Foundational Truth #2, God Calls to Marriage (I Corinthians 7:17)
This passage is about marriage, sexuality, singleness, the mix of believers and unbelievers, separation & divorce – God lays out this foundational truth – stay where you’re called.
The “staying” is important – and we’ll discuss it in depth during a later message - but I’d like you to reflect on the calling piece today. God calls people to marriage. He actively works in people’s lives to bring them together. In a sense, he carries Genesis two forward into the present day. Once again, look at your spouse. Chances are great that God brought you together, He called you to marriage (as He calls to salvation, and ministry, and other important life stages).
We can resist the calling, as in the movie, “Serendipity”. Sara and Jonathan meet in New York City during the Christmas season while shopping for their lovers. Both want the same pair of gloves, Jonathan gallantly allows her to buy them, she takes him out for ice cream. They spend the evening talking, develop an incredible connection, but they’re already dating others. He asks for her number, she writes it on a gum wrapper, it blows away. She tells him that she’ll write it in a book and sell it to a used bookstore. He writes his number on a five dollar bill, she spends it. If they find the items again, it’ll mean they should get together. Years later, both are engaged, Jonathan is on the verge of marriage, even though they have never forgotten each other. Ironically, his fiancé buys and gives him the copy of the used book, while Sara locates the five dollar bill – and, of course, they end up together. A bit schmaltzy, perhaps, but how many strings did God pull to bring the two of you together? Deb was raised in St. Petersburg, FL, I in Madison, WI, what are the chances we would both go to Moody Bible Institute? In God’s economy, 100%, after all, He’s called us together.
But don’t hear me wrongly. God does not call everyone to marriage. Some are called to singleness, as other parts of the passage clearly state. Be very careful about pressuring others to marry – or giving into such pressure.
Foundational Truth #3, God Empowers Marriage (Ephesians 5:22-33)
- This is, perhaps, the key passage on marriage. We’ll be back here again. But I want you to think about the four empowering keys God gives us here: submission, headship, love and respect.
- Submission has become a dirty word in our culture. Don’t let it be such in your marriage or thinking. It’s a foundational to scriptural relationships - we’re commanded to submit to our religious leaders, to our governmental leaders, children are to submit to their parents, everyone in the body of Christ is to submit to each other (verse before) – submission enables Christian relationships to happen. God has elevated submission, obedience, mutual servant attitudes beyond the world’s comprehension. Done well, in an atmosphere of servant headship, love and respect, submission is beautiful, God-honoring, relationship-preserving.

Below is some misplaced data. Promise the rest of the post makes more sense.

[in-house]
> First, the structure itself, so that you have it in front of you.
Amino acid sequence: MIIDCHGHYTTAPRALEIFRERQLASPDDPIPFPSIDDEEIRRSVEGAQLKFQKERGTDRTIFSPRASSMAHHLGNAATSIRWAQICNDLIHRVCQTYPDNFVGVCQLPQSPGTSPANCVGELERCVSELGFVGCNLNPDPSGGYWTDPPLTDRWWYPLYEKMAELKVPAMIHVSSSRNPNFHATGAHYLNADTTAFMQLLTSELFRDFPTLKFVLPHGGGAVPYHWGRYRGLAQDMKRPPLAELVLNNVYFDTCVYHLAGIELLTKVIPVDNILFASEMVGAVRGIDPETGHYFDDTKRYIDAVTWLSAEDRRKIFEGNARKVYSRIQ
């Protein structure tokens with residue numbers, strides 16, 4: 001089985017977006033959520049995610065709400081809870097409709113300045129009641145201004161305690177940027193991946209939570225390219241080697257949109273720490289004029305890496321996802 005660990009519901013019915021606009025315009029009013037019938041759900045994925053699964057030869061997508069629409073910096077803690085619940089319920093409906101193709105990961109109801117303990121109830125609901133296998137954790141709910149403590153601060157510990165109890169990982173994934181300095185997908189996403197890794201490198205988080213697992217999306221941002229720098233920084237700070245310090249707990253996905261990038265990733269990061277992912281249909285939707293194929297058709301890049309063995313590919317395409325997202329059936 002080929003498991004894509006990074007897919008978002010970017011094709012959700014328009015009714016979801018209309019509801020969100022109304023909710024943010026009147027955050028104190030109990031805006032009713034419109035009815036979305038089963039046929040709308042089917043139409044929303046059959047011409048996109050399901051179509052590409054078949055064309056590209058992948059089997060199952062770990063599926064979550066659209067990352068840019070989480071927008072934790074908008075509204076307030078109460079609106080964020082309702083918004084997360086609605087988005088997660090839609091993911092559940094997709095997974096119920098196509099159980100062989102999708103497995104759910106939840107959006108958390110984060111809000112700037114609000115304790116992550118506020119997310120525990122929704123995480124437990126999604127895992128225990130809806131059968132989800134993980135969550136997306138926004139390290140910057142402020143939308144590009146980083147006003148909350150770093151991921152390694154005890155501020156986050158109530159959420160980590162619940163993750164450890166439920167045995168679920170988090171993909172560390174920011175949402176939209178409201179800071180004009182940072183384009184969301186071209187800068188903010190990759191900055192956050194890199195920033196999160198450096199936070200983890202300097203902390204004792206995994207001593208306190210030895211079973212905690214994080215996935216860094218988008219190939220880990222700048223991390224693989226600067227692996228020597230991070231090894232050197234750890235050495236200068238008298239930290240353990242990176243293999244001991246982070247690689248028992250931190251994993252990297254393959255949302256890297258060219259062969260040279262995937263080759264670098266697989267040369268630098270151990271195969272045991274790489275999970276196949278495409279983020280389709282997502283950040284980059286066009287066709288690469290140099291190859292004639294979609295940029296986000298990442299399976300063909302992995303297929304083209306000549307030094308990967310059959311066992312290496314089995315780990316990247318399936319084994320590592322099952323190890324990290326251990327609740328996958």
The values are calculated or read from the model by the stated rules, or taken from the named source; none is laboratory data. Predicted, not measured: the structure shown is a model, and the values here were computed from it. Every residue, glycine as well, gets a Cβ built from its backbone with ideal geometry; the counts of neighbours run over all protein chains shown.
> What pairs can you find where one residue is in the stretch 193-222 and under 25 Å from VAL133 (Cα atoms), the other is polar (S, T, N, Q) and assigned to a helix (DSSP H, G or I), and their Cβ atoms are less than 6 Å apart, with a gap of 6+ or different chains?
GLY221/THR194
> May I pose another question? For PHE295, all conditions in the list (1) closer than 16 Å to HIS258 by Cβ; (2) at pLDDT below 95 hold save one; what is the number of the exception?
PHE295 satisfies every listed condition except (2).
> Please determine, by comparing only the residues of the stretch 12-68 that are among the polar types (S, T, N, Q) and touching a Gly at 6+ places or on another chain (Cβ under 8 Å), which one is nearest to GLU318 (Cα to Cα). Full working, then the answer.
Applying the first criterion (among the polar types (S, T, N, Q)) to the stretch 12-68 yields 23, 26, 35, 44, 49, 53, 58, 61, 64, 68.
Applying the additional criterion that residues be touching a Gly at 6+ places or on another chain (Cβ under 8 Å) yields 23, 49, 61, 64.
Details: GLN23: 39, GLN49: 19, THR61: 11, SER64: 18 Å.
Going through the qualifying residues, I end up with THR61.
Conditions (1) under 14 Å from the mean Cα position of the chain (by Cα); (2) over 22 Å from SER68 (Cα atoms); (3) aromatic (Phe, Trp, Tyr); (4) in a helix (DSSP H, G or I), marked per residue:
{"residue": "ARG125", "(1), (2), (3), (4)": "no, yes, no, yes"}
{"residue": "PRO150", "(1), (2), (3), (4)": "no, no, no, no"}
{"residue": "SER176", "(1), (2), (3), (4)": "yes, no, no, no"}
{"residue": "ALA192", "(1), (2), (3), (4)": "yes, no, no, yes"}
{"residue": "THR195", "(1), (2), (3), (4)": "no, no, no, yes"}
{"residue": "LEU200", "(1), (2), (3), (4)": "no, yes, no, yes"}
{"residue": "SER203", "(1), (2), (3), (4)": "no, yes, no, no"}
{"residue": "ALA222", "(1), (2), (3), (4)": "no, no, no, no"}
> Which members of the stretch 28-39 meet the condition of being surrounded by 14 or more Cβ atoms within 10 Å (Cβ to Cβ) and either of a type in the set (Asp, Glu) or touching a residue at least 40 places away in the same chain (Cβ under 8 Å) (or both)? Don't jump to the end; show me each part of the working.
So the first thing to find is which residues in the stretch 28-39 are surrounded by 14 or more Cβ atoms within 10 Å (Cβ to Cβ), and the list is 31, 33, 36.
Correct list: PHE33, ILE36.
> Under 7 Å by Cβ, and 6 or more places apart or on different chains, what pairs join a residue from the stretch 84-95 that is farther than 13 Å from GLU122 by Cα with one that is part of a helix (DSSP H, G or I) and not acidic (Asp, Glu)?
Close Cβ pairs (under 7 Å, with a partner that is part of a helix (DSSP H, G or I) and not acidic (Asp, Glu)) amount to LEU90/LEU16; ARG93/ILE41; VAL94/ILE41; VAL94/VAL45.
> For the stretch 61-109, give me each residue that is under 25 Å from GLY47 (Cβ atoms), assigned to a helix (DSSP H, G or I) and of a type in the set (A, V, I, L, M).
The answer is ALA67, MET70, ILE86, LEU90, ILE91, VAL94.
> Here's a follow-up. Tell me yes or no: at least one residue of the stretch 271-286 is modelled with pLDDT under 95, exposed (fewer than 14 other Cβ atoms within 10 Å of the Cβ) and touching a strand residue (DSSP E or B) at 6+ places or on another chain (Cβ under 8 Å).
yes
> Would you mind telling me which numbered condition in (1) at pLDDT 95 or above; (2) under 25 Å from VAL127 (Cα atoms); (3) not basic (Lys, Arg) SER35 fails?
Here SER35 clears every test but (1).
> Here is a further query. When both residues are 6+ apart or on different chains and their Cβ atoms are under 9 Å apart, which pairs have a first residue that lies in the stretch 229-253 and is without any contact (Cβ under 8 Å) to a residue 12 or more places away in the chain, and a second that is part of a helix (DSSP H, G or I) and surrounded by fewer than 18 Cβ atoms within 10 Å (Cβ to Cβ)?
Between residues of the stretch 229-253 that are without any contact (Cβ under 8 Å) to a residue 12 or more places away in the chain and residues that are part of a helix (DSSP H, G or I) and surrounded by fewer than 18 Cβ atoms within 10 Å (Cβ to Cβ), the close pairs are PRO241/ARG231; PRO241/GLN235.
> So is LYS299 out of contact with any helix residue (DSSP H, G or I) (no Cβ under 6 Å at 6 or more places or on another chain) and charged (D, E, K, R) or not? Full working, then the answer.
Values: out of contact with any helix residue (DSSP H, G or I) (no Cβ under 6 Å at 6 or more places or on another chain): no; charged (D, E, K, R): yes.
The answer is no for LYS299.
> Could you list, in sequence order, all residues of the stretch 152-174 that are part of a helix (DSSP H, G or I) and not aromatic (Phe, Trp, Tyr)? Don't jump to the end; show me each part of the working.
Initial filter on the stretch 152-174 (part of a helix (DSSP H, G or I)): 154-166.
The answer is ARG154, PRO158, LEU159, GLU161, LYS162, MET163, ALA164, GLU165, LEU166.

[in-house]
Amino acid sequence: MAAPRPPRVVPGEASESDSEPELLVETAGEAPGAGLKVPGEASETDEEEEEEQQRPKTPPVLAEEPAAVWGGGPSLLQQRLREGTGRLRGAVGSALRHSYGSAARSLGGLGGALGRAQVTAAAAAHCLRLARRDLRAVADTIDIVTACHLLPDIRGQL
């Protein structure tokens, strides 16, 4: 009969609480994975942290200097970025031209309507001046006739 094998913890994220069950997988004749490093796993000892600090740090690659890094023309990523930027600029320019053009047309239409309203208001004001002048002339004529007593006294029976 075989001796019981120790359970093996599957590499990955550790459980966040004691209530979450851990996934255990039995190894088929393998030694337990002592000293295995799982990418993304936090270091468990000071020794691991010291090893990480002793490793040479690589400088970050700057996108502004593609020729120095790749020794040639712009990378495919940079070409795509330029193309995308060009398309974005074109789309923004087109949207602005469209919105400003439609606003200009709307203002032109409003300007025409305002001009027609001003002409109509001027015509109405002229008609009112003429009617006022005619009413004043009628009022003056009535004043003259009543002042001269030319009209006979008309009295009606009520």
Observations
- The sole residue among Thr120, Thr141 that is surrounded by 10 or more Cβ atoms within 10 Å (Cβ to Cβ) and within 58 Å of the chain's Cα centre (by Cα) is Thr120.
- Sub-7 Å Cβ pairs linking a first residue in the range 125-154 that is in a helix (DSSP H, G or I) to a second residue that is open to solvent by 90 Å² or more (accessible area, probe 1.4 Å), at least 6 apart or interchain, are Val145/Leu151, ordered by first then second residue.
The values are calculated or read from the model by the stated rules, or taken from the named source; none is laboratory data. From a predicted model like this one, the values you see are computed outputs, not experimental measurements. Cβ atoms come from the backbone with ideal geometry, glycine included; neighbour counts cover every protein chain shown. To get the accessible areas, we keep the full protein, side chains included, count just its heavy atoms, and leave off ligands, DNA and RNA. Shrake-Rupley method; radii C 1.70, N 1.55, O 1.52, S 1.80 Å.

- And husbands are to be the head, lead their homes. But note the kind of headship, note Christ’s example: it’s headship that saves, that loves, that develops and purifies those being led. This is not domination or degradation, as some have taught and many more have lived. This is servant headship. So, guys, get out and lead – lead with a servant’s attitude - nothing is worse than a leader who won’t lead.
- And husbands are to love. They are to have their wives’ best interests in mind. They are at least to love them as well as they love themselves (which is very powerful love indeed). Men, be aware that this does not come easily, our selves, our careers, our outside interests, sometimes it seems like everything gets in the way of loving our wives. It’s work, but it’s work with a purpose, work with a goal, work that makes relationship happen, that makes her happy (no, joyous).
- And wives are to respect. Wives, you’ll look in vain through this and other passages, hoping that you don’t have to respect this man that is so different from you, so error-prone, so “unrespectable”. This is a command, not an earned status. Just as, frankly, you are to be loved, men are not to wait for you to become loveable.